The plaintiff below, Frederick Suhrwiar, is corroborated in his testimony by his brother John, who was with him, and to some extent by one or two witnesses who were in the neighborhood, and either heard the crash at the time of the collision, or saw something of it. Both Fred and John Suhrwiar testify that no signal, either by bell or whistle, was given before the locomotive was seen.

At the close of the testimony of the plaintiff below the railroad company moved the court to instruct the jury to return a verdict in favor of the defendant below, which was refused and overruled by the court; and this, it is claimed, was error. After the overruling of the

Lucas Circuit Court.

motion the railroad company declined to offer any testimony, and the case went to the jury upon the testimony offered by the plaintfff alone. The jury was charged by the court, and returned a verdict for $10,000.

It is claimed by the railroad company that under the undisputed facts in this case, and upon the testimony of the plaintiff himself, he was not entitled to recover. The claim is, that according to his own testimony, he was guilty of contributory negligence.

According to the testimony, no signal was given on the locomotive, either by bell or whistle, until almost at the very instant that the accident occurred; but the claim of the railroad company is, that notwithstanding the evidence showed negligence on its part, Suhrwiar himself was guilty of contributory negligence, and therefore he cannot recover. It is claimed that under his testimony he saw the locomotive approaching when he was from fourteen to sixteen feet from the track, the horse being at this time on a walk, going from a mile and a half to two miles an hour, and it is urged that he then, having an opportunity to get off the wagon, not availing himself of it, but staying on, and attempting to cross the track, he thereby took his own chances as to injury, and that his conduct and acts upon the occasion in question were in law contributory negligence, and bar a recovery.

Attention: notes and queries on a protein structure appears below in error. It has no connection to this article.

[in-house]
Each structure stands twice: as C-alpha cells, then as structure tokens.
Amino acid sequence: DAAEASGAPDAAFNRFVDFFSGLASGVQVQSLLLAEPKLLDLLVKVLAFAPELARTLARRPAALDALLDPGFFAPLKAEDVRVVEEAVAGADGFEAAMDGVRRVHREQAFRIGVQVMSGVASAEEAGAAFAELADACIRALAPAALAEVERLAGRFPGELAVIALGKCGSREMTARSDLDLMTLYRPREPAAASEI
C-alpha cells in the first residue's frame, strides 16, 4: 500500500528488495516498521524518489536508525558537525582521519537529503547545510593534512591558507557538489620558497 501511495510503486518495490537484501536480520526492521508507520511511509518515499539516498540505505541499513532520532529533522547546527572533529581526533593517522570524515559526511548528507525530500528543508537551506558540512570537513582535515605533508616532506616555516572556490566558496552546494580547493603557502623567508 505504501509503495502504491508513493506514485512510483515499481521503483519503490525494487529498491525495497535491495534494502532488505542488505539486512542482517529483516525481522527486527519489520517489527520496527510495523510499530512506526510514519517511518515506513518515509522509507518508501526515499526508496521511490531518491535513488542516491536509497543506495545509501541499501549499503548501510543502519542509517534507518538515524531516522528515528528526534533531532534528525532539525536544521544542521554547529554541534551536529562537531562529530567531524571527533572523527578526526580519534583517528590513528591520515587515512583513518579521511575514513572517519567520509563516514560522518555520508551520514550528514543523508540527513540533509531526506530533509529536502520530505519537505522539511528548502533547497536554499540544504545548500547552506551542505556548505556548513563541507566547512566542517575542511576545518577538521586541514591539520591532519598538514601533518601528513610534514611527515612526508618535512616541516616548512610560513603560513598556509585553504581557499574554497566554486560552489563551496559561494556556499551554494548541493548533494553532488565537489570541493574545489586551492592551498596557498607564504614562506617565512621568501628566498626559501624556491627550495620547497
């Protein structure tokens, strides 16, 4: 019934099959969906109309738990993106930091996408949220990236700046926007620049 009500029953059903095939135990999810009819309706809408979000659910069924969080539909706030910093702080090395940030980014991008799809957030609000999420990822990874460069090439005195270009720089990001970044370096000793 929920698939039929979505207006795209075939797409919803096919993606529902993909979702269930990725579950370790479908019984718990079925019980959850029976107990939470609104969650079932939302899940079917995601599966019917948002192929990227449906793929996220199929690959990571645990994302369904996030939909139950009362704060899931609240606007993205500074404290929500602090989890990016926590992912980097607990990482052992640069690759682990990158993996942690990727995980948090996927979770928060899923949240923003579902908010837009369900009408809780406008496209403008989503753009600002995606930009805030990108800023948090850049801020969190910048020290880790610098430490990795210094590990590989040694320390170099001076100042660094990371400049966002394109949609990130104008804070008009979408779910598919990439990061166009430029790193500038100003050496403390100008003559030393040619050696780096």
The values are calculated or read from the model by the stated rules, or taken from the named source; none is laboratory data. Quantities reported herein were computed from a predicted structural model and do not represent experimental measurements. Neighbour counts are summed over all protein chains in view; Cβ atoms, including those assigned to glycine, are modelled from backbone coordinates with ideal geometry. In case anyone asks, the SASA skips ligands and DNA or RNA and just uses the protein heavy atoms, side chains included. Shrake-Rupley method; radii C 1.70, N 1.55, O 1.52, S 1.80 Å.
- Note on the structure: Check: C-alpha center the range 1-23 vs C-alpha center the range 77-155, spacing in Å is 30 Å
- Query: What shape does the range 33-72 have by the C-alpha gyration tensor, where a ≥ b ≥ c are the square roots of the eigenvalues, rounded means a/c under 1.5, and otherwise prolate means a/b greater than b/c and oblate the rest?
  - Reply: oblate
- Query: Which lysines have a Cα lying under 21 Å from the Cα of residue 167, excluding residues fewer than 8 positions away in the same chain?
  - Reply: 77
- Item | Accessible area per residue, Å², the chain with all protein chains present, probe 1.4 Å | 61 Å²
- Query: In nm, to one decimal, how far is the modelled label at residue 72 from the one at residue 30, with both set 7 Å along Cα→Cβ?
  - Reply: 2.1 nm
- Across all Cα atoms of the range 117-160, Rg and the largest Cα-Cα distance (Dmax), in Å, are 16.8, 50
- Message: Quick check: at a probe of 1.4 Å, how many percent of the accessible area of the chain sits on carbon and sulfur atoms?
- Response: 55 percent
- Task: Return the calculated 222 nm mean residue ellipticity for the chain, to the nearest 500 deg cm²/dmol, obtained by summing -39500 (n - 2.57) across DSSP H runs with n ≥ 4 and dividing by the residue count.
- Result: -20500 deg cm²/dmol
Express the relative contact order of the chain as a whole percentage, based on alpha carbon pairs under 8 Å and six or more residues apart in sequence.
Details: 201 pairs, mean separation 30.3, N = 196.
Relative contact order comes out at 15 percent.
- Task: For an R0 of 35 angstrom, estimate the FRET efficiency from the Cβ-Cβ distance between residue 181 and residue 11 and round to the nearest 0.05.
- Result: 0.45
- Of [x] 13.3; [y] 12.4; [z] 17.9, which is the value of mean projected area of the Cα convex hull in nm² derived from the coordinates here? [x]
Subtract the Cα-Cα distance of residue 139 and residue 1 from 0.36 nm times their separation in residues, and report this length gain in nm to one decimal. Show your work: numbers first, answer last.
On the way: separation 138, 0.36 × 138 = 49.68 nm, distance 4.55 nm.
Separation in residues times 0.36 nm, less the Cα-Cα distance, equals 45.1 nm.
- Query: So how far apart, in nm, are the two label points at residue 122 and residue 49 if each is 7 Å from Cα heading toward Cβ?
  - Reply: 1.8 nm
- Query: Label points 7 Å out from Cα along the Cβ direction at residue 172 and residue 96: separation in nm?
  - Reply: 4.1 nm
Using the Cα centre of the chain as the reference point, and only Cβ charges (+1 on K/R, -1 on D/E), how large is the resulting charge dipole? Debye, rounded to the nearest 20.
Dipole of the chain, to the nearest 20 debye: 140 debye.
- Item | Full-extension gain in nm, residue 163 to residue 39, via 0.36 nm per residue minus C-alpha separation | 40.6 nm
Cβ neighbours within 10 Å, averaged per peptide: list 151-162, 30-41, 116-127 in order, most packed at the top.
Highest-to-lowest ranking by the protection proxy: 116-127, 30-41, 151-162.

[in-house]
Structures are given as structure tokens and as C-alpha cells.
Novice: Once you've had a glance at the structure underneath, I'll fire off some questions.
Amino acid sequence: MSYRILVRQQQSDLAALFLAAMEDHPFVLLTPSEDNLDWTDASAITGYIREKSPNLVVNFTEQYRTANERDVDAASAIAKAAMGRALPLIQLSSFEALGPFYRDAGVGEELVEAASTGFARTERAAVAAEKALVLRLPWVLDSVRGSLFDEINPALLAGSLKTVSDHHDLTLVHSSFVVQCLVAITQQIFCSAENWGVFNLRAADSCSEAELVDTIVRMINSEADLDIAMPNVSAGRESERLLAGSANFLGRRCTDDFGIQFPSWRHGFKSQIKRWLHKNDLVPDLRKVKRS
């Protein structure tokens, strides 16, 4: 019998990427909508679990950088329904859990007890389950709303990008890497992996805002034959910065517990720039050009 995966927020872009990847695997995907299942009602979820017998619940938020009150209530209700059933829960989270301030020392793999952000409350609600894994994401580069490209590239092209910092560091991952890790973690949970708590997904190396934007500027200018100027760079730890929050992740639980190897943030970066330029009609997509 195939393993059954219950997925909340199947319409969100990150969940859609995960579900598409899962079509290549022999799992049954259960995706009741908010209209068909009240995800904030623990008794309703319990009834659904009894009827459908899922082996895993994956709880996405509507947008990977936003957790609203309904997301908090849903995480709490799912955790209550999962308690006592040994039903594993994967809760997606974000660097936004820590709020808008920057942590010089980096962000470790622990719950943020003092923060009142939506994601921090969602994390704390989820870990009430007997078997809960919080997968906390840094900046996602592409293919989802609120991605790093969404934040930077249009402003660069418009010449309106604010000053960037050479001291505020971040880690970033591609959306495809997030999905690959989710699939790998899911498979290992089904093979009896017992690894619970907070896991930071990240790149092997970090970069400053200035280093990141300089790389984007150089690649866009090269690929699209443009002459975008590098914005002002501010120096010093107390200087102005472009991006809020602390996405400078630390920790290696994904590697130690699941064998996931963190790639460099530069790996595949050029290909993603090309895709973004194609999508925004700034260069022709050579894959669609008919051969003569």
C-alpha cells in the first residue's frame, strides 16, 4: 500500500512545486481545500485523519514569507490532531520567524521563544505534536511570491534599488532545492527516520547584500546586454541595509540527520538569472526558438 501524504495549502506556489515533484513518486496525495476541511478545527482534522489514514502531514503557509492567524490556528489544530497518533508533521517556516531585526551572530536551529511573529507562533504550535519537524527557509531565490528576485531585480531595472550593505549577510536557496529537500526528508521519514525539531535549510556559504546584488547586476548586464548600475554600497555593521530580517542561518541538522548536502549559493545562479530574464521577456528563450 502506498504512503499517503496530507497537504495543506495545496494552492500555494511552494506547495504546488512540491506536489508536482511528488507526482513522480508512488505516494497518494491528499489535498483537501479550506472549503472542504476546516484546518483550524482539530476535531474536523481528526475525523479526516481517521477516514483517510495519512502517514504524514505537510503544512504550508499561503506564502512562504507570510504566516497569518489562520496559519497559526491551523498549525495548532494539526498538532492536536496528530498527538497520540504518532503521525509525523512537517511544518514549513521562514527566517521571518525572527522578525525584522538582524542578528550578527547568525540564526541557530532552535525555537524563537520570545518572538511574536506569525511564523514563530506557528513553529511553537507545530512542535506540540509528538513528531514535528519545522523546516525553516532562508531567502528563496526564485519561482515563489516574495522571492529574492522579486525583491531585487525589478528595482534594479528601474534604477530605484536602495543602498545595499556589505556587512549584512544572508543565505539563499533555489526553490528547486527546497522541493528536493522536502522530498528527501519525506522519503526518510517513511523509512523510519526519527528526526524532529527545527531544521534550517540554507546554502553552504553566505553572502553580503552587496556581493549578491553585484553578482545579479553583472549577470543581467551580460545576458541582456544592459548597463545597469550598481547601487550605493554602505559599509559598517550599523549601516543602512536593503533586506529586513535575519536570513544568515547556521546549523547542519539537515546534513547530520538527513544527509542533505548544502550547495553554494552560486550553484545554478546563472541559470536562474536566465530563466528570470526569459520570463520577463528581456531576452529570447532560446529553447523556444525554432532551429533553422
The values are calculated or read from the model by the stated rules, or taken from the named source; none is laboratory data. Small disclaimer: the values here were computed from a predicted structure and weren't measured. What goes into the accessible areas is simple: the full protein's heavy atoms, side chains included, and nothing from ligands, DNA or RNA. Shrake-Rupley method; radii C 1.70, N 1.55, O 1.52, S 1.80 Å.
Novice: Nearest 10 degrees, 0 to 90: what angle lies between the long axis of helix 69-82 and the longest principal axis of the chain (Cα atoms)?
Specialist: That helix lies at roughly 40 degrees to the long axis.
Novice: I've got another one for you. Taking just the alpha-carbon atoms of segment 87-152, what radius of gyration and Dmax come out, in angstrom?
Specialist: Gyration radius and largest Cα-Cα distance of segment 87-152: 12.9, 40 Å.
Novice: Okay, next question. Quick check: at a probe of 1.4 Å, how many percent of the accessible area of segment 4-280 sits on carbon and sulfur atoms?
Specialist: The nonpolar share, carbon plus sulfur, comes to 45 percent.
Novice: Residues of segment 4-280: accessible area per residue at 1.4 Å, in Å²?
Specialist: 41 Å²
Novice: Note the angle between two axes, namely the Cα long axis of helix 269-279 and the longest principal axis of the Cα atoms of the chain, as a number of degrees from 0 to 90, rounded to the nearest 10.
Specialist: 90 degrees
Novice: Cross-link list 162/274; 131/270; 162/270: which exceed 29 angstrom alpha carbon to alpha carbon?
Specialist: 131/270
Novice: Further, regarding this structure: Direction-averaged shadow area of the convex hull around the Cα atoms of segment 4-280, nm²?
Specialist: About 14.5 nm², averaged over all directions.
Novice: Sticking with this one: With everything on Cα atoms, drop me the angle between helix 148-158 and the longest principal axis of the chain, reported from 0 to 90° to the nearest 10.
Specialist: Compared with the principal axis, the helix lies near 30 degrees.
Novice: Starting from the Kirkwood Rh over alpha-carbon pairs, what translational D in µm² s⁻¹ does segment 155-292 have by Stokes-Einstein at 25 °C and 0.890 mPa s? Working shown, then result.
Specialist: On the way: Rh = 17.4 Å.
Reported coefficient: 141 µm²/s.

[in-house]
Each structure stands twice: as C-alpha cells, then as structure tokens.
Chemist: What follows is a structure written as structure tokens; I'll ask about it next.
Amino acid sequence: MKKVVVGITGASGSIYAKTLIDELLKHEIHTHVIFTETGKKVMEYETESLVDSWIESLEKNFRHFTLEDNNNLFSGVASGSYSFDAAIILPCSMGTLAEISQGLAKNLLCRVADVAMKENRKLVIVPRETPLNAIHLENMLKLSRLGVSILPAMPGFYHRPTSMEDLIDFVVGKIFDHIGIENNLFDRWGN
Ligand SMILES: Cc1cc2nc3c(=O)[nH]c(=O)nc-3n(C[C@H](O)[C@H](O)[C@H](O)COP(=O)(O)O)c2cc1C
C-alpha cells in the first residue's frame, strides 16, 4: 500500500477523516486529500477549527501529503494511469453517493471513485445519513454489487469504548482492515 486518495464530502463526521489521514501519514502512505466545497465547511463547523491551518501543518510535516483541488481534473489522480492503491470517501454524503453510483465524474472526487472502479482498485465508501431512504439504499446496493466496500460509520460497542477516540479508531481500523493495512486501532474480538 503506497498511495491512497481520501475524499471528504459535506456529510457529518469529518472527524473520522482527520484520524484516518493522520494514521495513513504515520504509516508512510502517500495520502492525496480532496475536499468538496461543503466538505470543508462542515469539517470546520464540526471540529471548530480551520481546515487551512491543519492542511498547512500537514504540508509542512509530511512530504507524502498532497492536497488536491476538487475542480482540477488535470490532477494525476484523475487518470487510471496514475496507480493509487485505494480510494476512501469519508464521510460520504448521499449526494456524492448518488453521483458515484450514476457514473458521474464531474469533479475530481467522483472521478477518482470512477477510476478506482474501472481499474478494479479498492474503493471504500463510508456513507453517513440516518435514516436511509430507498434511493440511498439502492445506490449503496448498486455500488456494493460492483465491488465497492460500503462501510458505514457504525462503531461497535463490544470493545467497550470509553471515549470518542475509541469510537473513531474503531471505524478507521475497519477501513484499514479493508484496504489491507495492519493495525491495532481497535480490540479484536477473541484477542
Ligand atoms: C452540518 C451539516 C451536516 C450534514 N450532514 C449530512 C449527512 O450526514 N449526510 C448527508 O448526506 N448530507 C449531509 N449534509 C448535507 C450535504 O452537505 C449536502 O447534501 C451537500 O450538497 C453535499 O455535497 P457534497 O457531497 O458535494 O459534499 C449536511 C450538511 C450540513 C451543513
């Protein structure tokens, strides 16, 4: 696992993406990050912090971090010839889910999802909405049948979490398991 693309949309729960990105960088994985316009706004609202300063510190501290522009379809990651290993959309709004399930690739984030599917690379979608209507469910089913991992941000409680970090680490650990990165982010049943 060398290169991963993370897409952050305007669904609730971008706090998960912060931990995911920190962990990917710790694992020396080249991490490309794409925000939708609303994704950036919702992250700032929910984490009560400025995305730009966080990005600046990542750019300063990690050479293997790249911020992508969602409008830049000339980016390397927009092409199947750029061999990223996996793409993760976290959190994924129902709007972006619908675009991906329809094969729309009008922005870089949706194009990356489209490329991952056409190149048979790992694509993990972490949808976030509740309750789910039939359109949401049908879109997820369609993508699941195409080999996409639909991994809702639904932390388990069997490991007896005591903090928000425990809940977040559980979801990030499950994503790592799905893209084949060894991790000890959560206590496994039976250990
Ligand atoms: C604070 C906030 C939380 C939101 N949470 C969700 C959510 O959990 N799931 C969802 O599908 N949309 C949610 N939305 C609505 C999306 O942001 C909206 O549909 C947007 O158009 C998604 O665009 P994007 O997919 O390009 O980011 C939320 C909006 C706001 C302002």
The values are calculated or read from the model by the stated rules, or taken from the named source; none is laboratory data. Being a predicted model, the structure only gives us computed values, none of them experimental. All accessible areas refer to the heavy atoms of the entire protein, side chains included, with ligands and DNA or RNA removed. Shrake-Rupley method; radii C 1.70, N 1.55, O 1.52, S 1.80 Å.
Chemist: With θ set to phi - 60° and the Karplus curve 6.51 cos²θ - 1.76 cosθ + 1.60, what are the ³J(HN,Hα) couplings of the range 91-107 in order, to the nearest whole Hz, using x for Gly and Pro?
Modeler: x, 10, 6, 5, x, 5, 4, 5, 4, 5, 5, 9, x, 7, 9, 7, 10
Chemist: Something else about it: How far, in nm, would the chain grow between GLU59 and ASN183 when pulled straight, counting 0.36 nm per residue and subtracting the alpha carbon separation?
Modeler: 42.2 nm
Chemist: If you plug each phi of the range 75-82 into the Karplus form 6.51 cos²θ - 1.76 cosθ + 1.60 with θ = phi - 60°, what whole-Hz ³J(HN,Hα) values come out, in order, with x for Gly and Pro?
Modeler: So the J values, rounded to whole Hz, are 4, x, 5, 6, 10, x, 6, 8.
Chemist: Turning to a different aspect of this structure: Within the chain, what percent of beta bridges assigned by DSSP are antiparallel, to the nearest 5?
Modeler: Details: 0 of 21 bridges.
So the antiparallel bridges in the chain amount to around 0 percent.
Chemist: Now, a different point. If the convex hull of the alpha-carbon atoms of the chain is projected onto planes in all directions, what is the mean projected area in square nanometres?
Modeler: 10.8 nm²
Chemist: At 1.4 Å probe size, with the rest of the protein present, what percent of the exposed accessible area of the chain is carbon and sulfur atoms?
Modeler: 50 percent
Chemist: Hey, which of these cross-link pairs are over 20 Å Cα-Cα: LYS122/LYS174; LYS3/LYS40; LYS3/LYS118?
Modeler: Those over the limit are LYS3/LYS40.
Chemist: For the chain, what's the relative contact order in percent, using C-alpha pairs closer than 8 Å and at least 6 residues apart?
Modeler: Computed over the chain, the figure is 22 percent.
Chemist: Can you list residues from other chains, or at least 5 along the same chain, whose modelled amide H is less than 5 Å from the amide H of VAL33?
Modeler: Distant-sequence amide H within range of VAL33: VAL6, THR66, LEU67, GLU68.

No testimony having been offered by the defendant, the question is squarely presented to the court, as a question of law, whether the facts were such that the court can say, as a matter of law, that the jury were not warranted in finding that the defeudant in error was not guilty of negligence contributing to his own injury.

The engine was coming backward, the tender being ahead, with some considerable coal oiled up upon it. There was no man on the tender or in sight on the locomotive keeping a lookout. Suhrwiar was familiar with this crossing. He lived in that vicinity; he crossed it a good many times; and on this morning in question he had before that time gone across four times, and had gone over it but a short time before the accident, for the purpose of putting his cows in a pasture, and had just done this when he got on the wagon with his brother to return. He knew that trains and locomotives passed about this time of day rather frequently; as stated, the view was obstructed as the crossing was approached from the west. There was a coal shed of considerable height -eleven feet high-on one side; there was a wood shed or wood house which also obstructed the view to some extent; there were high fences on that side of the track and there was a car standing near the crossing which also obstructed the view, as the crossing was approached. When the case was here before, the record contained evidence, as it does now, of these obstructions, but it did not contain the positive statement of the plaintiff below, as it does now, that he saw the locomotive when within from fourteen to sixteen feet of the crossing. We held at the former hearing, in the absence of this positive testimony of the plaintiff below, that the obstructions were of such a character and that the testimony of the plaintiff and his brother was such as to their keeping a lookout, that it was a fair question for the jury as to whether plaintiff exercised ordinary care in approaching the crossing, in view of all the circumstances. It is now urged by counsel for plaintiff in error that under this record, in view of this positive testimony as to plaintiff below seeing the train at the distance mentioned, he must be held to have been guilty of contributory negligence, as it is argued that there is no longer any room for inference